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Presentation highlights a scuba adventure into the lake on p.13. To view the video, click this YouTube link: https://www.youtube.com/watch?v=kwHrG8bnC0s
For photos of the picnic and attendees, click here: https://photos.app.goo.gl/G7goV2X1XPT6HeTQ9
In the spring at ice-out, and in November at the end of the season, a sample of Beaver Lake water is taken and sent to the State Lab at UW Stevens Point. For several years now we have been gathering data as to phosphorus, nitrogen, etc. This allows FOBL to monitor trends in the Lake across these critical measures. Monthly, a disk is lowered into the Lake's deep pool to determine the clarity of Beaver Lake. This varies seasonally - and we have the data going back many years to track our water quality.
For several years the Conservation/Wildlife Committee has been constructing fish cribs and placing them in the Lake. This project involves permits and approvals from the adjacent resident and the Wisconsin DNR. Fish Cribs are placed in 10-15 feet of watering provide dense spaces for small fish to develop - and bigger fish to continue to grow.
In October, 2014, and again in the fall of 2016, Friends of Beaver Lake put additional game fish into the Lake. This program developed as a result of the ongoing (every five year) fish survey paid for by the residents. It is exciting to watch them grow and develop.
On a five year recurring basis, Friends of Beaver Lake commissions a study of the lake-bed to determine the types and extent of weeds in Beaver Lake. A vibrant plant infrastructure in the Lake provides so many benefits to wildlife, and is indicative of a healthy lake. It is another way to confirm the status of our living Lake.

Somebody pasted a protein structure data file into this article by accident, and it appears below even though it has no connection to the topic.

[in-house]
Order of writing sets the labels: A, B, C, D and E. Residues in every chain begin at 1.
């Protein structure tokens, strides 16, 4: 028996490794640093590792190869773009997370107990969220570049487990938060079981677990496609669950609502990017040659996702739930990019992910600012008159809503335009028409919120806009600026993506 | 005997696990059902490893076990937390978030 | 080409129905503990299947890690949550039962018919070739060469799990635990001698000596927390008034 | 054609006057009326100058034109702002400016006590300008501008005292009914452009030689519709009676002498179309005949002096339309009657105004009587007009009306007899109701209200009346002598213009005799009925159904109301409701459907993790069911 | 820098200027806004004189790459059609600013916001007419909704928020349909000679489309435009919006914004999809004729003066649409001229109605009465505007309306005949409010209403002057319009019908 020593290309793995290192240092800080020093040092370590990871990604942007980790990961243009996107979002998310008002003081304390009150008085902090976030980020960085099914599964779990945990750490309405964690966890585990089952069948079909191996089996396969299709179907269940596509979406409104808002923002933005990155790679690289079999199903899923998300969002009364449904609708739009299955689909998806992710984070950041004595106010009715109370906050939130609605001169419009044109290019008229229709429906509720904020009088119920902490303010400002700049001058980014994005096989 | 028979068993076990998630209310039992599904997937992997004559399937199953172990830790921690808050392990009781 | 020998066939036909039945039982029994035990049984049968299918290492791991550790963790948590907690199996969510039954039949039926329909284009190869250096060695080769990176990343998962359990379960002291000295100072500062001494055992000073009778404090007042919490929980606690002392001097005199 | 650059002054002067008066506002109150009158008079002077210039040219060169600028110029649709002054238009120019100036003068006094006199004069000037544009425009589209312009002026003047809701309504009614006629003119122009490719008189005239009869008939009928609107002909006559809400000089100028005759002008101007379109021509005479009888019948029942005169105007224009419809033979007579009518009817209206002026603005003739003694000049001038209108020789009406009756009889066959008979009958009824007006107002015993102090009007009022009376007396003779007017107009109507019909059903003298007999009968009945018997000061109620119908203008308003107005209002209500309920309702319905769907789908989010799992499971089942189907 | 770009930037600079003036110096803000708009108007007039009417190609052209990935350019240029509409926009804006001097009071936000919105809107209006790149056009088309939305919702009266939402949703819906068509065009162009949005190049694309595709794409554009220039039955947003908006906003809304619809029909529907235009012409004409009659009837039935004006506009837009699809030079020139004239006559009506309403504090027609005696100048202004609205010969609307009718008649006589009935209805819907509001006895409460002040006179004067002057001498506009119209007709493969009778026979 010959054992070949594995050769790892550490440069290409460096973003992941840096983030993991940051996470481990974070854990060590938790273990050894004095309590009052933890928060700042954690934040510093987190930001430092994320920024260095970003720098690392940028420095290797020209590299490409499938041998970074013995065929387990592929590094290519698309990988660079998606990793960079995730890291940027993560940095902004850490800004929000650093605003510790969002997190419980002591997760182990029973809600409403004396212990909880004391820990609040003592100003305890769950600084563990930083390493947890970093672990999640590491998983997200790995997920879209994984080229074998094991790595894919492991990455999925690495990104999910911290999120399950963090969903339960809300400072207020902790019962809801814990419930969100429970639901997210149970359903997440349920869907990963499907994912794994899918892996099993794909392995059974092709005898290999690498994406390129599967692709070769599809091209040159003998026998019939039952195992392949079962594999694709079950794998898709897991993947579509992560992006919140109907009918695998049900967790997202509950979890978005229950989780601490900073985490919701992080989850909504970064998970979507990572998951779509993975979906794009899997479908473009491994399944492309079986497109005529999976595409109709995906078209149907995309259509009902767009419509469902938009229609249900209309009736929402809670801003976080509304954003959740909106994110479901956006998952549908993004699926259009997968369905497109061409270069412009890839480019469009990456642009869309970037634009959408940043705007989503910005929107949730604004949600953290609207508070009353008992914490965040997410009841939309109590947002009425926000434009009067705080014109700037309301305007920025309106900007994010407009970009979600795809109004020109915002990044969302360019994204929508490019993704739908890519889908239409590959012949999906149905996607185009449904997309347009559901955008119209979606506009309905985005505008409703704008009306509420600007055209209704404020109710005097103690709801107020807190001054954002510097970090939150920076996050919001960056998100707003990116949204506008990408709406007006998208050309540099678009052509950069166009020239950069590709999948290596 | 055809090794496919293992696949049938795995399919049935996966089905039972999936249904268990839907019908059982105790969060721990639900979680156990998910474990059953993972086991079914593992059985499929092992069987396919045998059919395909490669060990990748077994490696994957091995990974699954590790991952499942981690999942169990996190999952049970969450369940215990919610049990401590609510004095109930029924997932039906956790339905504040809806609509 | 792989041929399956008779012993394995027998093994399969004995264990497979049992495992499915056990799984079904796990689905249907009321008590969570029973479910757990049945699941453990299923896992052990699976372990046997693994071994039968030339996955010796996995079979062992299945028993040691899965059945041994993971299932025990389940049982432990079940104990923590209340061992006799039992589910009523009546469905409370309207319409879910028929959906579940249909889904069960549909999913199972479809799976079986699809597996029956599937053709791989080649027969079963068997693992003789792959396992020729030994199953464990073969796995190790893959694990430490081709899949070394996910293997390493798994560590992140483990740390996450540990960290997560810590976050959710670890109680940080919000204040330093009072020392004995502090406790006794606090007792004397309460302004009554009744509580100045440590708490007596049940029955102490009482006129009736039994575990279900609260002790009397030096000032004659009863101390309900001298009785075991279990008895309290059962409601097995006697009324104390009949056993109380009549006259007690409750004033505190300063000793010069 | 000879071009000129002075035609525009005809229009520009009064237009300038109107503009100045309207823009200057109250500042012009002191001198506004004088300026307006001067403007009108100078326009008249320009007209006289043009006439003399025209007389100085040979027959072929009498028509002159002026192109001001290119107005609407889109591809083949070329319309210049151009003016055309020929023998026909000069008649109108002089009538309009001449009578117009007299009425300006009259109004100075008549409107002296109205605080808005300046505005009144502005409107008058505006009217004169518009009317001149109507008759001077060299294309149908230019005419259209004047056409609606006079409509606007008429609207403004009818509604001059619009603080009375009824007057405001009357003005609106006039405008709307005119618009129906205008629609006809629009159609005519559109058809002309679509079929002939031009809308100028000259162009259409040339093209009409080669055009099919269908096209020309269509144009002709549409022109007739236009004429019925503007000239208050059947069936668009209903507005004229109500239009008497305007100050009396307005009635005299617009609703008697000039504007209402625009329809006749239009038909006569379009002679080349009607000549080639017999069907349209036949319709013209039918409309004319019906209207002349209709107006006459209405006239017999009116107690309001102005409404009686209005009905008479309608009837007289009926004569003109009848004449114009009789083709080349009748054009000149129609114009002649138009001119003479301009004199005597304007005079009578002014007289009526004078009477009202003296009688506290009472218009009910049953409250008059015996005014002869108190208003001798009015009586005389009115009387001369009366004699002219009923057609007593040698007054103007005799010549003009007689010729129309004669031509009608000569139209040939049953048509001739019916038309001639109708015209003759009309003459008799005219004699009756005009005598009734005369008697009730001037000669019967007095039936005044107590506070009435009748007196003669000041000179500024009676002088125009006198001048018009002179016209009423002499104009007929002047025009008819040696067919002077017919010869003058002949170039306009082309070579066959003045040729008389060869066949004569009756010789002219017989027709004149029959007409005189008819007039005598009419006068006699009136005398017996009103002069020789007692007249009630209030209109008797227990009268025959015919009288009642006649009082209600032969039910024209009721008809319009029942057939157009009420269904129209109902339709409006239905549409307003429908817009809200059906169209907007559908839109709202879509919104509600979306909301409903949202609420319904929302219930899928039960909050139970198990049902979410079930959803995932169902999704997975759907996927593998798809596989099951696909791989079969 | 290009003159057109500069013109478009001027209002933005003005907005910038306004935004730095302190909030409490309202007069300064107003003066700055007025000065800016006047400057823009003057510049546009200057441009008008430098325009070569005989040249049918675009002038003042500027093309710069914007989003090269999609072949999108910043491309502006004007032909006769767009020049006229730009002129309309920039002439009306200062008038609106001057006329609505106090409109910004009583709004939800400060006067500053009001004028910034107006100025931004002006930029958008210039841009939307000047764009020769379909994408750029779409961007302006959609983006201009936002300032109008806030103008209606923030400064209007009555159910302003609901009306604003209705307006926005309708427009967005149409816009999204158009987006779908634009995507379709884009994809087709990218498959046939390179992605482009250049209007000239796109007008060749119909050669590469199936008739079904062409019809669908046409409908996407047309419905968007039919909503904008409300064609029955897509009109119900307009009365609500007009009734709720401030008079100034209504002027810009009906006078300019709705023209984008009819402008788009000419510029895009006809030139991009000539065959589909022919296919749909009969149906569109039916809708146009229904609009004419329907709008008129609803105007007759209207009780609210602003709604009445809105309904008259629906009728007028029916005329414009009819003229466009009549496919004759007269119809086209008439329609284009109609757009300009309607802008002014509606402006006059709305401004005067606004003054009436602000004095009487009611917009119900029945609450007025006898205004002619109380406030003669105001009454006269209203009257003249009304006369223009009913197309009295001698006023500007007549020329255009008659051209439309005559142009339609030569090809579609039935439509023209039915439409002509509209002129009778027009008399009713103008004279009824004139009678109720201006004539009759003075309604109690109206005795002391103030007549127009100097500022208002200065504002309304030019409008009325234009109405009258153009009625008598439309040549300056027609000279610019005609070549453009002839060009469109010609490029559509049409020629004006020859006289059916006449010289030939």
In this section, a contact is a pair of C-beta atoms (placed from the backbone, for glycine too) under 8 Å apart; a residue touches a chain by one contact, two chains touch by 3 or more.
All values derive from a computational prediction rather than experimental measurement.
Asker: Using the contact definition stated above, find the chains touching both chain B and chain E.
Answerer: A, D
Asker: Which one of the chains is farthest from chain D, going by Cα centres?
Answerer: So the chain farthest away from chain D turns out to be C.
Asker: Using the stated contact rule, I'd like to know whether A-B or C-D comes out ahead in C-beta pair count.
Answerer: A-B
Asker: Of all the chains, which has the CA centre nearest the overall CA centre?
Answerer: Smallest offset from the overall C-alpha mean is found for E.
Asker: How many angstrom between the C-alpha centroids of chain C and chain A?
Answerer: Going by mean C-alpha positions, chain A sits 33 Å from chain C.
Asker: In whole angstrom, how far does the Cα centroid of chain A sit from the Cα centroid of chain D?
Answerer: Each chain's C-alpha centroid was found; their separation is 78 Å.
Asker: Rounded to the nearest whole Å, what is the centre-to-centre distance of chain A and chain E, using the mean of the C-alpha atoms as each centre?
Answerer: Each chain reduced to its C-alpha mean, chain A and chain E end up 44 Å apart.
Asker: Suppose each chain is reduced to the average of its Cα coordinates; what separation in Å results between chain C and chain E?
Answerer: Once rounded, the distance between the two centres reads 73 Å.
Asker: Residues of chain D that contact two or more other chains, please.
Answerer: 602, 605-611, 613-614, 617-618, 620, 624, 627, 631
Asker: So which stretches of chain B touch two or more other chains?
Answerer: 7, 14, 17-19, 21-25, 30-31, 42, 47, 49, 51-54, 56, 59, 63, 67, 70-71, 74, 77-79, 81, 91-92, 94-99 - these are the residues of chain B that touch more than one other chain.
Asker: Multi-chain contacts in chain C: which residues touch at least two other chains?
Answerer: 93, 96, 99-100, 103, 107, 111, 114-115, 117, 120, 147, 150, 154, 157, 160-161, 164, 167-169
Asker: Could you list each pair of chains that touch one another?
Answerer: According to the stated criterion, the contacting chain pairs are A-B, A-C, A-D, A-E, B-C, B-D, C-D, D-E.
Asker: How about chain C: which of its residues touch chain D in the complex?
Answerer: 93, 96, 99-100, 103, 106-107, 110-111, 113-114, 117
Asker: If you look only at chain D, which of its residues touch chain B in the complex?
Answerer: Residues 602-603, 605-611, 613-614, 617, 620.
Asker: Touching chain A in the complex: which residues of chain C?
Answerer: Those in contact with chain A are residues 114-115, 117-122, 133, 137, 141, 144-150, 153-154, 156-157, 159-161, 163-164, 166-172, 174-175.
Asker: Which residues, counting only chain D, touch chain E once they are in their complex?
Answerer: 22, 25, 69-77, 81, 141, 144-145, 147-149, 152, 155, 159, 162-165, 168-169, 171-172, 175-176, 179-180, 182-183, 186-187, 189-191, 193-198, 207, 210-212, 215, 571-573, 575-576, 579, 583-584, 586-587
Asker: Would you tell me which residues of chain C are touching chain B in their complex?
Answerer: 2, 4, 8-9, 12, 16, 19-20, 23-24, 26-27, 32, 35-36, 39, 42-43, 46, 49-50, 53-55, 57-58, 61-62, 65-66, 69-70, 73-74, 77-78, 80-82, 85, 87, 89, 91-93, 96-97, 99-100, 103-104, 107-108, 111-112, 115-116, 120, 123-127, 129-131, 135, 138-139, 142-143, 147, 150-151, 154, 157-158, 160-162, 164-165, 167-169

In March, 2012, Friends of Beaver Lake commissioned a survey of the fish in the Lake. This is done just after ice-out using fyke nets set up around the shoreline. A detailed report is received and evaluated by the Conservation/Wildlife Committee along with our consultant, Cason and Associates. The sampled fish can tell us about the growth rates of the different species and their relative success in the Lake. This is another way to monitor the health of Beaver Lake.
In June, 2016, a shoreline test planting was done to begin to re-establish more shoreline plants into Turtle Bay and to evaluate the potential for successful planting at other shorelines around the Lake. Studies show that a shoreline (10-30 feet on land and out into the Lake) with healthy native plants filters incoming runoff that all properties have and supports a vibrant lake wildlife scene. Frogs, turtles, minnows and fish all need safe respites, particularly for early growth. Friends of Beaver Lake received generous support for the planting project from residents whose shorelines were planted. Future shoreline planting projects will be considered based on he success of the test plantings and resident interest.